A really well written post, drawing out the important things about ‘after birth’: the emotions and of course the woman herself. You are so right about the pressure women are under to spring back into a pre-pregnant state and this should not be a priority. Good to link up through #DreamTeam Alison x

    1. Thank you 🙂 agreed there are so many priorities to focus on and I just hope my new mummy friends out there understand that they shouldn’t feel any pressure after such a major event of child birth. Great to link up and thank you for commenting today x

  5. Such an important topic. I am sick and tired to hear about these women who lose it all and have a dream body after 4 weeks. They have nothing else to do and literally spend all day trying to shed the weight with personal trainers, surgery and other bizarre and desperate things. I hope you are ok. Your scars looked quite painful (quite she says…) but it’s for the best reason in the world. Sorry, such a cliché

    1. I completely agree. I think after giving birth you should focus on your baby and on your health rather than your weight. I’m completely healed and all fine- hurt like a bugger for a while though but wouldn’t change it for the world- I love a good cliché. Thanks for commenting Frenchie Mummy!

  6. Definitely a topic that isnt talked about in the right way enought. The focus as you point out, is very much on societies expectations of new mums, especially those in the spotlight to snap back into shape. But as your post points out, having a baby changes you in every way possible, the body being one of the most physically evident changes. I agree that there society shouldnt judge women by how they look after they have a child, we are all so different to start with, so shouldnt we expect that the same fact remains after a woman has a baby?.. Emily #DreamTeam

    1. That’s such a good way of thinking about it- we are all completely unique and different. That’s what makes the world interesting, so yes the focus after birth should be geared towards each individual woman without any expectations tainted by society. Really insightful comment thanks for stopping by Emily!

  7. This is a great post, you have the right state of mind Mama. And, having this out there for all the Mama’s and Mama-to-be’s is so important, there is so much to worry about, so much that matters, all of them come before how fast you loose that baby weight. #DreamTeam

    1. Thank you for your kind comments 🙂 and I agree completely with you. There are so any things to think about when you have given birth additional pressures beyond this should just be placed to one side. Great to link up!

  8. Great post and good for you! I hate to think that new mums feel such pressure to return to their pre-pregnancy body when actually the baby should be their priority. I was VERY lucky that I did snap back into shape and yet at the same time I also felt very judged that people were looking at me assuming I was dieting and exercising when infact I did nothing but lie on my couch eating Chinese take out for the first few months! I think regardless, we all feel judged and new mums especially have so much pressue! #stayclassymama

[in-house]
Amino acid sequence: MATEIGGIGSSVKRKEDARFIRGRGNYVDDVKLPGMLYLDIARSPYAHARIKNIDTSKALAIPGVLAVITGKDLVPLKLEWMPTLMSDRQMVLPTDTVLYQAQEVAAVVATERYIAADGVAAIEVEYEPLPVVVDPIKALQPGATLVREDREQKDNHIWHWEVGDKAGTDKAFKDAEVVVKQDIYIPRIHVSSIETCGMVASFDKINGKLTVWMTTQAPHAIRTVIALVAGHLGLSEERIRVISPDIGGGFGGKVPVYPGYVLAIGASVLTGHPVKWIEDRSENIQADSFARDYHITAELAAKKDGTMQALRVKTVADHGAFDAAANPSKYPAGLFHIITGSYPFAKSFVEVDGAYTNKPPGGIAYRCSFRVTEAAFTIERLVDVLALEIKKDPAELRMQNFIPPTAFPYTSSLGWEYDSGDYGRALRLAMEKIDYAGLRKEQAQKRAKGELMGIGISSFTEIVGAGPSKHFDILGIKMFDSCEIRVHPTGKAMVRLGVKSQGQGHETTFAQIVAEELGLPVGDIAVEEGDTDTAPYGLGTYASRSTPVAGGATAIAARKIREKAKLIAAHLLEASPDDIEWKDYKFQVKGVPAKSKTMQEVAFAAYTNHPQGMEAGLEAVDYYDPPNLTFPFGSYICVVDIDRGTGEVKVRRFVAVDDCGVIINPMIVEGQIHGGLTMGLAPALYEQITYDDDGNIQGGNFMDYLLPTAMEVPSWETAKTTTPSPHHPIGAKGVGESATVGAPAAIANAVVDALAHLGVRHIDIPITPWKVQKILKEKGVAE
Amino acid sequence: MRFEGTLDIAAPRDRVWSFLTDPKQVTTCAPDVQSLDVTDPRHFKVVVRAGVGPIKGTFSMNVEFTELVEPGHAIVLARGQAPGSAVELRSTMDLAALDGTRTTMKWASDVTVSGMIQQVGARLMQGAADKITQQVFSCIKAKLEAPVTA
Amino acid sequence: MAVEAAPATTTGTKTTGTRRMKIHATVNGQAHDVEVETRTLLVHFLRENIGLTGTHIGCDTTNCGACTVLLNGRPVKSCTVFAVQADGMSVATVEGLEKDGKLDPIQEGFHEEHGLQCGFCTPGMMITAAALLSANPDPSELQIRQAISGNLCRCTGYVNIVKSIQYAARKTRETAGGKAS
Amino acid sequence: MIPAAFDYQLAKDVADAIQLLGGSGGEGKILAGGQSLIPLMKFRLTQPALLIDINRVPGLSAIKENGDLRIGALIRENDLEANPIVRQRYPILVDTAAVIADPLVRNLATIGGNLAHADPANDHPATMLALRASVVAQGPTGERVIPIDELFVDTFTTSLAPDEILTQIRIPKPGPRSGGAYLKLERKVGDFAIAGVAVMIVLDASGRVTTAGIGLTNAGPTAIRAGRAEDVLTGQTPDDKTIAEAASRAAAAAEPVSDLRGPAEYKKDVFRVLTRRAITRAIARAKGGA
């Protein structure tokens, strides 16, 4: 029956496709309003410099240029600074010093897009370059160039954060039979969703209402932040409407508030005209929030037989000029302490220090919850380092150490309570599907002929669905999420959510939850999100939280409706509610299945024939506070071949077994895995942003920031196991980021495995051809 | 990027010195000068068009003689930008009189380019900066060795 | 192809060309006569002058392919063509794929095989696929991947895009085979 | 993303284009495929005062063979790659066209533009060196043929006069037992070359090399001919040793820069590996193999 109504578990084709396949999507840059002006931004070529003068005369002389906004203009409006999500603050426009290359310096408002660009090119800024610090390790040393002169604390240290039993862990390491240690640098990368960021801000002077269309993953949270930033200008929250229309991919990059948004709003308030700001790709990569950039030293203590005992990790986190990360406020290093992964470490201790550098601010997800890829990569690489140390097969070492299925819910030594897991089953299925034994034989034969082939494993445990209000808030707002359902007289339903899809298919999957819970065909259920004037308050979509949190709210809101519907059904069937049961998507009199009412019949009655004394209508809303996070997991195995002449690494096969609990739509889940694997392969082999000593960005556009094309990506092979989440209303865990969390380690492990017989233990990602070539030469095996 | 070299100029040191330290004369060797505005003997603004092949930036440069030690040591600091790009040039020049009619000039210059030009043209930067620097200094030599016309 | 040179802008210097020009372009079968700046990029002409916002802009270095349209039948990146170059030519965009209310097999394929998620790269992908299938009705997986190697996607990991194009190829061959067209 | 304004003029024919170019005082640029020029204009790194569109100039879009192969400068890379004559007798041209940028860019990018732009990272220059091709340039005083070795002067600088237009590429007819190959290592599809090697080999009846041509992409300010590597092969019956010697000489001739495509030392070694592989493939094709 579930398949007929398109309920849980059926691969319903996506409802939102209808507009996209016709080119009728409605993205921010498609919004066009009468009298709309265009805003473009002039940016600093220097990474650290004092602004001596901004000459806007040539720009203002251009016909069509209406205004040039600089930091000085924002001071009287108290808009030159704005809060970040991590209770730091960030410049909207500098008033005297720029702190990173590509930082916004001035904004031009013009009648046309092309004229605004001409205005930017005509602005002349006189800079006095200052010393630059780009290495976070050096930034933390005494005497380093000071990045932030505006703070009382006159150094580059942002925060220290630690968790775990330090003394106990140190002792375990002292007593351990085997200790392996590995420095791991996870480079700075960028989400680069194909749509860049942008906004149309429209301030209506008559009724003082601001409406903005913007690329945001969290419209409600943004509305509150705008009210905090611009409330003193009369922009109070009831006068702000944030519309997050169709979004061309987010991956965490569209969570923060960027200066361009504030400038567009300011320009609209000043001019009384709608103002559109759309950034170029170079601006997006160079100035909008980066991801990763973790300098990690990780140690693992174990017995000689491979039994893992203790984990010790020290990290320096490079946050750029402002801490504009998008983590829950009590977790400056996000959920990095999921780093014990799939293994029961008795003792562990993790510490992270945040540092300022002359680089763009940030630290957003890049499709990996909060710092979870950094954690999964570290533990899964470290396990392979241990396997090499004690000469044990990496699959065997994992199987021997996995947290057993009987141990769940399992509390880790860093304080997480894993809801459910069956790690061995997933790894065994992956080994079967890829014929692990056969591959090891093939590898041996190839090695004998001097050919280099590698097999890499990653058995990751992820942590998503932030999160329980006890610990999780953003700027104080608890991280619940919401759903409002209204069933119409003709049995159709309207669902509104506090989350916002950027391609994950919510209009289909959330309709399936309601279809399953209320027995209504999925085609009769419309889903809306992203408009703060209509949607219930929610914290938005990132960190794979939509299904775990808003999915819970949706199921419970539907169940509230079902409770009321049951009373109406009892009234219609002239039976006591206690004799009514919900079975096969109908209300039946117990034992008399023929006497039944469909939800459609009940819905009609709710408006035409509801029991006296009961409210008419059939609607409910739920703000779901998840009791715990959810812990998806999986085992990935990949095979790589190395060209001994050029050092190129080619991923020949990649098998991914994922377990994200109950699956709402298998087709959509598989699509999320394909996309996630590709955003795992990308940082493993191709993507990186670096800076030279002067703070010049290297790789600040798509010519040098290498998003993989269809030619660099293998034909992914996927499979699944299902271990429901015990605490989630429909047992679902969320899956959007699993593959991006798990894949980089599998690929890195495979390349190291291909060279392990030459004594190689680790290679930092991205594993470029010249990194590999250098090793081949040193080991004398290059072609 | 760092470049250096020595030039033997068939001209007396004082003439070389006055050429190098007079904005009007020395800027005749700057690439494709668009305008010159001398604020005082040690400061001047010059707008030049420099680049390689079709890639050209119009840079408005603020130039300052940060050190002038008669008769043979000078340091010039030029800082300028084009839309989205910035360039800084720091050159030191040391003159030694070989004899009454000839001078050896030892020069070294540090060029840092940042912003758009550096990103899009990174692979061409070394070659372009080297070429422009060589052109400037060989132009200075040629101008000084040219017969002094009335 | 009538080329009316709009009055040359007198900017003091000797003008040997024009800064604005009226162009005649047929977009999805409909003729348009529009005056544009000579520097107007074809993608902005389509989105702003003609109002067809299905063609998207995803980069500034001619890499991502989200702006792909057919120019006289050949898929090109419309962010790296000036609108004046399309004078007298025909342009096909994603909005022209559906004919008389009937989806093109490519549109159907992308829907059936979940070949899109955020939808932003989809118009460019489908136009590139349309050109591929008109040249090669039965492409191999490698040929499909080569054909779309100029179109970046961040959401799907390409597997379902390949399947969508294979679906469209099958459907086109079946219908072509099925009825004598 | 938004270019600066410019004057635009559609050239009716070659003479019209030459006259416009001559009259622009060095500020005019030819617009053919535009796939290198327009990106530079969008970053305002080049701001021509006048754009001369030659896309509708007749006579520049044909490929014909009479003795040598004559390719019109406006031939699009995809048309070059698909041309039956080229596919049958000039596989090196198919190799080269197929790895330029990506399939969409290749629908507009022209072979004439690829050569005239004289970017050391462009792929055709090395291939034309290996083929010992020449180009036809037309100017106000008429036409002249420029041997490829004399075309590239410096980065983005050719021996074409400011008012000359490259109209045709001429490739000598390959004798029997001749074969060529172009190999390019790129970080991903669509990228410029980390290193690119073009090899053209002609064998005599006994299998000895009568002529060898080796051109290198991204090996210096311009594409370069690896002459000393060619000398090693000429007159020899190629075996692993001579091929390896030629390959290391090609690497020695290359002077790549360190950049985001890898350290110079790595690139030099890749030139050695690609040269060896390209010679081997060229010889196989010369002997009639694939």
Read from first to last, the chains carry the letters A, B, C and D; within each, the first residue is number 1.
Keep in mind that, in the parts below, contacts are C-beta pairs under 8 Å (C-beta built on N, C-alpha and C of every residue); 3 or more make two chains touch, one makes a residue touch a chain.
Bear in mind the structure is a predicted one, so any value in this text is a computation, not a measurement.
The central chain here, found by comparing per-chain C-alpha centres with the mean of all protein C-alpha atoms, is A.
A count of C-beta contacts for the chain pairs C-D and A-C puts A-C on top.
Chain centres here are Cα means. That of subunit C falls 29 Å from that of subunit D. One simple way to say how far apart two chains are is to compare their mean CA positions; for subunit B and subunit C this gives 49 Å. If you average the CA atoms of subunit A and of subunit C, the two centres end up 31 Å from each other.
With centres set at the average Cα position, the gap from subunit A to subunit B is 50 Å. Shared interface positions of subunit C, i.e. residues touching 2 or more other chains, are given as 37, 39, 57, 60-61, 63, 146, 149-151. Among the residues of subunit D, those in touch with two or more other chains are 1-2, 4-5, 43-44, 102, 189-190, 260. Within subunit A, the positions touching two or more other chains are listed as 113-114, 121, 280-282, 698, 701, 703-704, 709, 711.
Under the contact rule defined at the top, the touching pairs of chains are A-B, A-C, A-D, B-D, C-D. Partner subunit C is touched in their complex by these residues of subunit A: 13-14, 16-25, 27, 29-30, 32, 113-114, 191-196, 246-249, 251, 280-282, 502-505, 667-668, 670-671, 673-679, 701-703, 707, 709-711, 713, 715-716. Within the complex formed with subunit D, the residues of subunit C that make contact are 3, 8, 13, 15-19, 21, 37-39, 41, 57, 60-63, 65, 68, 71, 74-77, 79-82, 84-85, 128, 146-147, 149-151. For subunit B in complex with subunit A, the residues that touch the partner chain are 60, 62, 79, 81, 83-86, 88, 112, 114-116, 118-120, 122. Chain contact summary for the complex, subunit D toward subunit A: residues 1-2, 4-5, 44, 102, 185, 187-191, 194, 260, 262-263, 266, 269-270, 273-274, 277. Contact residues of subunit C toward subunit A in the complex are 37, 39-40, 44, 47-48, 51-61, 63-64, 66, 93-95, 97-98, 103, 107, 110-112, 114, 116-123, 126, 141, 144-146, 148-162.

1. Thank you- my friend has just experienced child birth and she’s giving herself a really hard time and I hope it helps her and other women in the same position. It does work both ways- I don’t feel like any woman should be judged regardless of getting into shape or not. There shouldn’t be any pressure. It should be all about the woman and what she wants not what is expected from her. Thanks for commenting today!

  9. Wow! I have never seen a picture like that and I had no idea that a Caesarean caused so much bruising. It looks like agony – and I’ve experienced childbirth! But the theme behind your post is so important. Women are so much more than our bodies. #StayClassyMama

    1. I’m not sure about other women’s c-section experiences but mine was in an emergency so everything was done in a rush and not very gently. I don’t want to be too graphic but it wasn’t pleasant. Yeh I felt I had to write it as my friend has just went through childbirth and is giving herself such a hard time over her weight and her tummy. I think if we were all a bit more open and people saw the reality of real women’s bodies after birth them the pressure wouldn’t be felt as much- instead of looking at the latest magazine splashing a celebs body bounce back. Thanks for commenting 🙂 and great to link up

  10. it has taken me ages to be ok with my body post babies. The stretch marks don’t bother me, they hare my ‘war wounds’ and wear them with pride, but the extra soft squidge and the back fat bother me. I don’t think it is always pressure from celebs or society, the reason I didn’t like my body was because of how I felt not how I looked. But I love that your post is really empowering for those that feel the pressure! x

    1. I get this. Losing weight because you want to is very different from losing weight because you think you have to due to external influences or pressure. I think every woman at one point or another would like to lose a few pounds for themselves. I do think though that in society the question, ‘can you fit into your pre-pregnancy jeans?’ Or anything of that nature is uncalled for. It is the assumption that you will now be racing to lose weight after birth that I don’t appreciate especially in those vulnerable early days. Thanks for reading and commenting 🙂